China’s Power Politics

The four Chinese characters that heralded President Xi Jinping’s war against corruption in a speech by a political ally in December 2011 can easily lose impact in translation. “Life-and-death struggle,” while idiomatic in English, is too passive. “Do-or-die” lacks the necessary intent.

“The crude, word-for-word translation better captures the essence,” said Charles Qin, a professional translator. “You die, I live.”

At first glance, the July 29 statement that Zhou Yongkang, a former security chief with motley skin and toad-like jowls, was under investigation was hardly news at all. There had been more than 18 months of furious speculation as cronies, relatives and then Mr. Zhou himself had disappeared.

But to Mr. Xi and his closest supporters the official statement was a declaration of victory in the first phase of their protracted war to save the Communist Party from what they see as terminal decay. For them, the dual objectives of cleaning up the party of corruption and building unassailable personal power are inseparable and mutually reinforcing.

Mr. Xi was raised in a you-die-I-live world where leaders who failed to destroy potential rivals were constantly at risk of losing far more than their jobs. Stalin used bullets to keep such threats at bay. Mao preferred public humiliation and torture behind closed doors.

Even Deng Xiaoping, the exalted economic reformer, used long sessions of harrowing criticism to destroy the officials he was discarding, before locking them in their houses or leaving them in living purgatory at their desks. Effective leaders also found that rolling purges were useful tools for instilling ideological discipline and keeping cadres on their toes.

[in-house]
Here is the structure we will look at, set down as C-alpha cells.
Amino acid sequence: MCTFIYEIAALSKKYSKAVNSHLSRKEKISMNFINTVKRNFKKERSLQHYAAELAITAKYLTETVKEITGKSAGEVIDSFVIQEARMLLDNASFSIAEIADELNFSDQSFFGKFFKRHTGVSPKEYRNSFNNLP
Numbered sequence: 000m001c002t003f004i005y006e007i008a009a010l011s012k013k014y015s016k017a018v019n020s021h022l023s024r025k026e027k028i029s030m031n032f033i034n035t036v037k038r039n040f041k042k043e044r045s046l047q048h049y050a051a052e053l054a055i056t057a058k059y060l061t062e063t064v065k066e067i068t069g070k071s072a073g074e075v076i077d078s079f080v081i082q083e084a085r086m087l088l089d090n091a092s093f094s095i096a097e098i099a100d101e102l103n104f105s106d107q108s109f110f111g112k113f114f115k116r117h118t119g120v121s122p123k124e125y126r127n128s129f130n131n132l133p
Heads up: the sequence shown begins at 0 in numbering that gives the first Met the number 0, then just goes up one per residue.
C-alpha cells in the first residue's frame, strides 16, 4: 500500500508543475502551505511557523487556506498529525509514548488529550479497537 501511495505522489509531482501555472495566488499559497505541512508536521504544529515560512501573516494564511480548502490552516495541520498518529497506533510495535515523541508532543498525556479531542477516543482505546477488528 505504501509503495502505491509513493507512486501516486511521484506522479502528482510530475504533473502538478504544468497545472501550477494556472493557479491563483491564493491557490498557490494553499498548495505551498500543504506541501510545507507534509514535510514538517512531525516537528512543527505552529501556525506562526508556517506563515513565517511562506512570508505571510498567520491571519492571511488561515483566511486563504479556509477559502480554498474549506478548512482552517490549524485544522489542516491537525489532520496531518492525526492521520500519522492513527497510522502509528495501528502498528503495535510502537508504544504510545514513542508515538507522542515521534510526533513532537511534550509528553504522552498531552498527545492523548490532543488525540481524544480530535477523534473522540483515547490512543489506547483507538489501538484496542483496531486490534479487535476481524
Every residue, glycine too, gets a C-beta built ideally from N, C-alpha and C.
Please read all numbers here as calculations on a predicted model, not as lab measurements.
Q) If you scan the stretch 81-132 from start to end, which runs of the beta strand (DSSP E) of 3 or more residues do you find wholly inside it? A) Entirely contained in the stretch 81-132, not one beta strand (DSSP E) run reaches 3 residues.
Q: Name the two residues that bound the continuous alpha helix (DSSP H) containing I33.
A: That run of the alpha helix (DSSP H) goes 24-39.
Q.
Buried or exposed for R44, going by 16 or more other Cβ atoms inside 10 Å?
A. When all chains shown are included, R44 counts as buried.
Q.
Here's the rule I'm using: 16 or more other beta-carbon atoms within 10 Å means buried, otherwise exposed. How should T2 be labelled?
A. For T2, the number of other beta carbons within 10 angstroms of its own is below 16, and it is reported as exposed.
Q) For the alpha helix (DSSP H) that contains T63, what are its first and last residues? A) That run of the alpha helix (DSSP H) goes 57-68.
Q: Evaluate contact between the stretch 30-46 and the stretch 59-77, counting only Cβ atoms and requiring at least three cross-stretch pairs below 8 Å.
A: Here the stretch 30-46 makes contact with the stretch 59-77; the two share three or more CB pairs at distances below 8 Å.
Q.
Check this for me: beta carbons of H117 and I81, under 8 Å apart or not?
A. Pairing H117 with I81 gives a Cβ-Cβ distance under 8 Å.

Gradually, the weaker leaders who rose after the massacres and purges of 1989 extended a bargain of market opportunity and immunity to one another, as they worked to fuse the post-communist Communist Party back together following the Tiananmen crackdown.

Stability prevailed but so too did corruption. Bureaucracies and state-owned companies became empires unto themselves. Leaders’ families grew fabulously rich. The compact of market opportunity and political immunity held for members of the Politburo Standing Committee for 25 years, until Mr. Xi tore it up late last month.

Mr. Zhou, a member of the previous administration’s Politburo Standing Committee, is the highest-ranking leader to have been officially purged since 1989. He controlled the country’s police, justice system and intelligence agencies at a time when official domestic security spending outgrew the defense budget. He was also a godfather-type figure to China’s vast petroleum industry.

While Mr. Zhou is Mr. Xi’s biggest and most recent target, just a month earlier, on June 30, Gen. Xu Caihou, formerly the most powerful figure in the People’s Liberation Army, was handed over to prosecutors to face charges of corruption. Only now, with both men officially destroyed, can Mr. Xi safely say that he is in control of a system where power still flows from the barrel of a gun.